On paper, Bling Empire was everything I should hate: a Netflix reality TV show that revolved around rich Americans (Angelenos, no less) and their “problems”.

My attitude towards shows like that can be summed up by that one Good Charlotte song. I didn’t get a Netflix subscription to be fed real-life displays of decadence, narcissism and unchecked privilege branded as entertainment. I have Instagram for that.

And let’s not forget how boring those shows are. Here’s an idea: Take a shot every time you see a lavish party, a six-course meal, a diamond necklace, or a luxurious pool. Double shots if someone gambles, flirts or fights. It’s almost like rich people, at least on screen, are permanently living on a cruise ship — but not quite in the same way that crew members have been forced to, some of them to their deaths, during the pandemic.

That reminds me: We’re living in the worst of times. The Doomsday Clock is closer to midnight than ever before. Floods and fires are already coming for the world’s poorest populations, never mind that they’re stuck in a chokehold of hunger and warfare. Whether those are signs of climate change or the Biblical apocalypse is up to you, but with totalitarianism on the rise around the world, your opinion might not matter for long. Speaking of, in America, where Bling Empire is filmed, COVID-19 cases are at an all-time high. And if you’re not sick or poor, you’re probably unemployed.

Yet here I am, telling you to watch Bling Empire.

Christine Chiu, Kane Lim, Kelly Mi Li and Kevin Kreider gather for their first look at a friend’s newborn son (Photo credit: Netflix)

It’s not anything like Keeping Up With The Kardashians. Sure, both shows are produced by the same guy, but Bling Empire is different. For one, it has Asians. Or Crazy Rich Asians, as everyone calls them now. Like the 2018 hit movie, Bling Empire features only some of them, mostly from Chinese, Taiwanese, Japanese, Korean and Vietnamese backgrounds. (If you can live with the fact that that is most people’s idea of “Asian”, then your viewing experience will be infinitely improved.)

Of course, there are fat jewels and fast cars and and fur coats, but they’re not the point of the show. Values are.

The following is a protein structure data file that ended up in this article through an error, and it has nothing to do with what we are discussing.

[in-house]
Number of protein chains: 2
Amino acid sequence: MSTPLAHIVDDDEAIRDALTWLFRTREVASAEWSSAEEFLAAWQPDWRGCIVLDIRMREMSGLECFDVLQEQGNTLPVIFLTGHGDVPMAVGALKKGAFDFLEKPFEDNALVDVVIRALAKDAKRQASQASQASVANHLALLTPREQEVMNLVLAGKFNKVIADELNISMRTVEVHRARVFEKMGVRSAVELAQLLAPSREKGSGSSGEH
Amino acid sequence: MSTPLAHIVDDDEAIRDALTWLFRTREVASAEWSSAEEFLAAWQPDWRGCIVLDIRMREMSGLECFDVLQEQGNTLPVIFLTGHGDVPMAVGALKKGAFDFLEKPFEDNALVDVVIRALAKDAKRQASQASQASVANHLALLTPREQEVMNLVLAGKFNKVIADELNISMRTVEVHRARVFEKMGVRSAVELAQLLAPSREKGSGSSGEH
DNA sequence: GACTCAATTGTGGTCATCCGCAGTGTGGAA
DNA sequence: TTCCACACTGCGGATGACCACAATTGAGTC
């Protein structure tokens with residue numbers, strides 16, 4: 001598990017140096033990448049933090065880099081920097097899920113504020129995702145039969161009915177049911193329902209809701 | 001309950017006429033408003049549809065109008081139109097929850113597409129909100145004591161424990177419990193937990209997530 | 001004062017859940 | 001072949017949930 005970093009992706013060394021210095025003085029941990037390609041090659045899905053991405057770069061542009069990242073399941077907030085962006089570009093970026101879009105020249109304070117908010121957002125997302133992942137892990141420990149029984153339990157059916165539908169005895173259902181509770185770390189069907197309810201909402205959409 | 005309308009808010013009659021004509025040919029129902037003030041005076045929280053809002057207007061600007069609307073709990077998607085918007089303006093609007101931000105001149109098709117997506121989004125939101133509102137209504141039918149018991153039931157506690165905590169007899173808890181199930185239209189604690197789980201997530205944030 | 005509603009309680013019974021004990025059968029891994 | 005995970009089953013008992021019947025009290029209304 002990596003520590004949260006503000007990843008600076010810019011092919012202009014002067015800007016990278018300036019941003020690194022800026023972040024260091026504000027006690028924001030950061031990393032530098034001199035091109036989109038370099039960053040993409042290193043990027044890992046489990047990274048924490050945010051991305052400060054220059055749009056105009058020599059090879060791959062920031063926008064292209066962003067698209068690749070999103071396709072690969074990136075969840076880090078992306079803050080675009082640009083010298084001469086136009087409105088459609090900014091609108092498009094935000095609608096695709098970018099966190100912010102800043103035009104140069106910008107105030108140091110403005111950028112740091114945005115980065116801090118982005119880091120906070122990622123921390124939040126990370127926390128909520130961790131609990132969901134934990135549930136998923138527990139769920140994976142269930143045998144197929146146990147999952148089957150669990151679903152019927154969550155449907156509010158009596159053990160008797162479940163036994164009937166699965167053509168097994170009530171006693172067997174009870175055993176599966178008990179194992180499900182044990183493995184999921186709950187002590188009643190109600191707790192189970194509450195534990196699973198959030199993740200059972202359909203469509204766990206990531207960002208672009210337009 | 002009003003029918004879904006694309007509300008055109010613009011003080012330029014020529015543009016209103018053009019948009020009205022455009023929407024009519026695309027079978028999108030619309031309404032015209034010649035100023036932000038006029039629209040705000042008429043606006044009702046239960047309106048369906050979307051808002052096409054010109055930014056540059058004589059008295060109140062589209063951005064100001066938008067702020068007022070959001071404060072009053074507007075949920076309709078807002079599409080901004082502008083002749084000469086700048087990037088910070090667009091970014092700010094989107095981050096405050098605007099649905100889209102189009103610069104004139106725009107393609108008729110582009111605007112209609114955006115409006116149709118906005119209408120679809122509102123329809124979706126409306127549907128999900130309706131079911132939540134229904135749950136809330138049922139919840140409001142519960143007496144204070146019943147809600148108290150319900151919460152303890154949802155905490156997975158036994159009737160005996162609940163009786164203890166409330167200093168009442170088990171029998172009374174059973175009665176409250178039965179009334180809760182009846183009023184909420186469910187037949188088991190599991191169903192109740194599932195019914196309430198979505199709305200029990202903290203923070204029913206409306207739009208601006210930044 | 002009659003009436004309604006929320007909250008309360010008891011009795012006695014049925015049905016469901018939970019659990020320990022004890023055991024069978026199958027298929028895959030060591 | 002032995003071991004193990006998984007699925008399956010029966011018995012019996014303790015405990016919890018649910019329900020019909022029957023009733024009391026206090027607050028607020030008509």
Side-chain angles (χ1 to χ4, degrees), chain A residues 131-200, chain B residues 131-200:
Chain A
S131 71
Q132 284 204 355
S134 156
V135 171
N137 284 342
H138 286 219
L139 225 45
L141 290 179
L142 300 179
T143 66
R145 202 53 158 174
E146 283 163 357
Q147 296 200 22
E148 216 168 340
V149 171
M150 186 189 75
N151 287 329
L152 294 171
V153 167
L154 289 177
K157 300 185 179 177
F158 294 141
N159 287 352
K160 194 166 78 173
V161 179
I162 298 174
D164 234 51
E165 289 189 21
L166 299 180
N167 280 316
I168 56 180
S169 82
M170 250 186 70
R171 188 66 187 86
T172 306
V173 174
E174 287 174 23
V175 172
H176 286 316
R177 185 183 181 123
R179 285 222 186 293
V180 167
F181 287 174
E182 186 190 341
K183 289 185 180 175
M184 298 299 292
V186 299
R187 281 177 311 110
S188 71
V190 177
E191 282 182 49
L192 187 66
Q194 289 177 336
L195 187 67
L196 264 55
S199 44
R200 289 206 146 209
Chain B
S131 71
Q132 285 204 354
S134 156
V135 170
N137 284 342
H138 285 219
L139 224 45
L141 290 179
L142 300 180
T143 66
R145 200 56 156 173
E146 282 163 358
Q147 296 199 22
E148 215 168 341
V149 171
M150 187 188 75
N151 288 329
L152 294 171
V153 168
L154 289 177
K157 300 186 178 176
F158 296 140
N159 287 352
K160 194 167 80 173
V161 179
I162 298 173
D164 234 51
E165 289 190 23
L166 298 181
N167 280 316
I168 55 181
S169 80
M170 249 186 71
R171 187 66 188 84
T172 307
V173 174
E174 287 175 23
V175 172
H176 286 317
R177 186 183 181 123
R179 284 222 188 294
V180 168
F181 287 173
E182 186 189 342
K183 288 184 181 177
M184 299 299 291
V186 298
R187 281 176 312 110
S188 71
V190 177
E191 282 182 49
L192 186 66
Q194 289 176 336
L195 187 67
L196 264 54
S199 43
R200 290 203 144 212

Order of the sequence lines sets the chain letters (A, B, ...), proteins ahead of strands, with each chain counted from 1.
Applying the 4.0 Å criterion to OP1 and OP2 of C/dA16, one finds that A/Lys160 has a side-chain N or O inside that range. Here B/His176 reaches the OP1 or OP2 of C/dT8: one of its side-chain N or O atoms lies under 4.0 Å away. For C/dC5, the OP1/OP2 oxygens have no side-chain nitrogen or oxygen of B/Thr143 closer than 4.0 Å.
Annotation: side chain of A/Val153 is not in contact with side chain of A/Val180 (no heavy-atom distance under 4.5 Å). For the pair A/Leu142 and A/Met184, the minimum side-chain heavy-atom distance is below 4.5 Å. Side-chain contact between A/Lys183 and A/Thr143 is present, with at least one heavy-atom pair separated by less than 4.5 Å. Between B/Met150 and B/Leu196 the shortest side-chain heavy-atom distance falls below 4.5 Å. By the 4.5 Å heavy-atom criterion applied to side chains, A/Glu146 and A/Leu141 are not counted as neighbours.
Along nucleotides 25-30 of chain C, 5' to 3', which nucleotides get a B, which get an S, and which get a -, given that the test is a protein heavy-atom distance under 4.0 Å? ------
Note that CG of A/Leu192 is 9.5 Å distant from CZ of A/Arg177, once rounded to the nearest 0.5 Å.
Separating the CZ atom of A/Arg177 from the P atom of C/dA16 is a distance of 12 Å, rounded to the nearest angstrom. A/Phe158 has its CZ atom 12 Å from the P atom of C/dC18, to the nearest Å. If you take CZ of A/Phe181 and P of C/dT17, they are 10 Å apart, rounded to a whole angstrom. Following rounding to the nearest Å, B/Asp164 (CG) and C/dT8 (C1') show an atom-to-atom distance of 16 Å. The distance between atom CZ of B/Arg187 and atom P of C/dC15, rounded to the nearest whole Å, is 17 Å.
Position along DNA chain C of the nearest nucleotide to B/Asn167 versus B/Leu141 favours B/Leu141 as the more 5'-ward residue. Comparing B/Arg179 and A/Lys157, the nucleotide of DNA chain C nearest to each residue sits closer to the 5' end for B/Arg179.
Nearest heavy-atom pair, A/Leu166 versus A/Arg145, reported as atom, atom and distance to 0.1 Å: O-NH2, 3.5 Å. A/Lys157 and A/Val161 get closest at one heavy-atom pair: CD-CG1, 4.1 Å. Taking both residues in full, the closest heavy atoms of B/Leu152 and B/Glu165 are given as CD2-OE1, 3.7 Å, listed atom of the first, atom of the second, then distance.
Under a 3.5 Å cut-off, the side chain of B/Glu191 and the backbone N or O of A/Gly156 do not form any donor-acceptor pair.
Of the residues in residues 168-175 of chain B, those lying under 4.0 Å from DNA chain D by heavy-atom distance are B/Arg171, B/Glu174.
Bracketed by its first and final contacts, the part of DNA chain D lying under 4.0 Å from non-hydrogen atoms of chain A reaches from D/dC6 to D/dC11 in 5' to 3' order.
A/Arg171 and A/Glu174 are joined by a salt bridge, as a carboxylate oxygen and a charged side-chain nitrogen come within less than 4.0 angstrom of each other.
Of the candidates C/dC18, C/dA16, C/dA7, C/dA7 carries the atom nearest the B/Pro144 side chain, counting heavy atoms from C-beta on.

In one scene, billionaire heiress Anna Shay whispers, “I don’t get impressed by things, but people and who they are.” She was making a statement, by the way. In low, measured tones is just how the Japanese-Russian socialite doles out her pearls of wisdom.

Anna Shay (left) with Christine Chiu, engaging in a clearly scripted tête-à-tête. (Photo credit: Netflix)

Anna has cultivated quite a few of them, having gone through four marriages and divorces in all the speculated six decades that make up her lifetime. “I think it’s how you look at it,” she muses in another scene, “that people come to each other’s lives to have an experience and move on to the next chapter.”

She was talking about relationships, but her words could serve as a balm for anyone in mourning — like fellow cast member Cherie Chan. The heiress to a denim empire deals with the loss of her mother during the series. We see her in the bargaining stage: She reaches out to “Hollywood Medium” Tyler Henry to communicate with her parent, whom she later believes has been reincarnated as her newborn son.

Unlike her husband, Cherie’s friend Kane Lim does not dismiss her beliefs. Instead, the Singaporean millionaire shows her compassion. He even chants alongside Cherie in a Buddhist prayer ritual for her mother. In a time when so much as differing beliefs can spark wars and genocide, it’s heartening to see religion serve its true purpose of bringing people together.

Kane Lim is a practising Buddhist. He’s also an avid sneaker collector (Photo credit: Netflix)

In fact, Bling Empire is something of a Trojan Horse: You thought you were streaming a show celebrating materialism, but the narrative is actually permeated with spirituality. Maybe it’s because it’s set in Los Angeles, home of the hippies, but the show featured more than a handful of spiritual, sometimes sketchy, practises, such as hypnotherapy and shamanism.

After all, there is a whole lot of healing to be done on the show. Kane’s model friend, Kevin Kreider, is the only one who isn’t rich, but his unhappiness ultimately stems from being abandoned by his birth parents. Kim Lee, one of the world’s hottest DJs, feels a lingering void because she never knew her father. And then there’s Bling Empire producer Kelly Mi Li who, in a struggle to build up her self-worth as readily as her net worth, finds herself going back again and again to an abusive boyfriend.

You already know how these stories go. Love, pain, family, friendship, regret, death — they’re the stuff of the human condition. No amount of money can cocoon you from them; life gets its slippery fingers on even the richest of us. In fact, Bling Empire plays out like the narratives in Chicken Soup For The Soul — except that this chicken soup is served in a five-star restaurant, of course. The warm aftertaste is the same. Sure, you can aspire to the cast’s lavish lifestyles all you want, but the series’ everyman Kevin show us that you probably already have what you need.

That alone is why we should not succumb to numbness, even as the Doomsday Clock keeps ticking. As the sagely Anna Shay often reminds her friends: “You have one life, it’s not a dress rehearsal.”

Header photo credit: Netflix

Pameyla Cambe
Senior Writer
Pameyla Cambe is a fashion and jewellery writer who believes that style and substance shouldn't be mutually exclusive. She makes sense of the world through Gothic novels, horror films and music. Lots of music.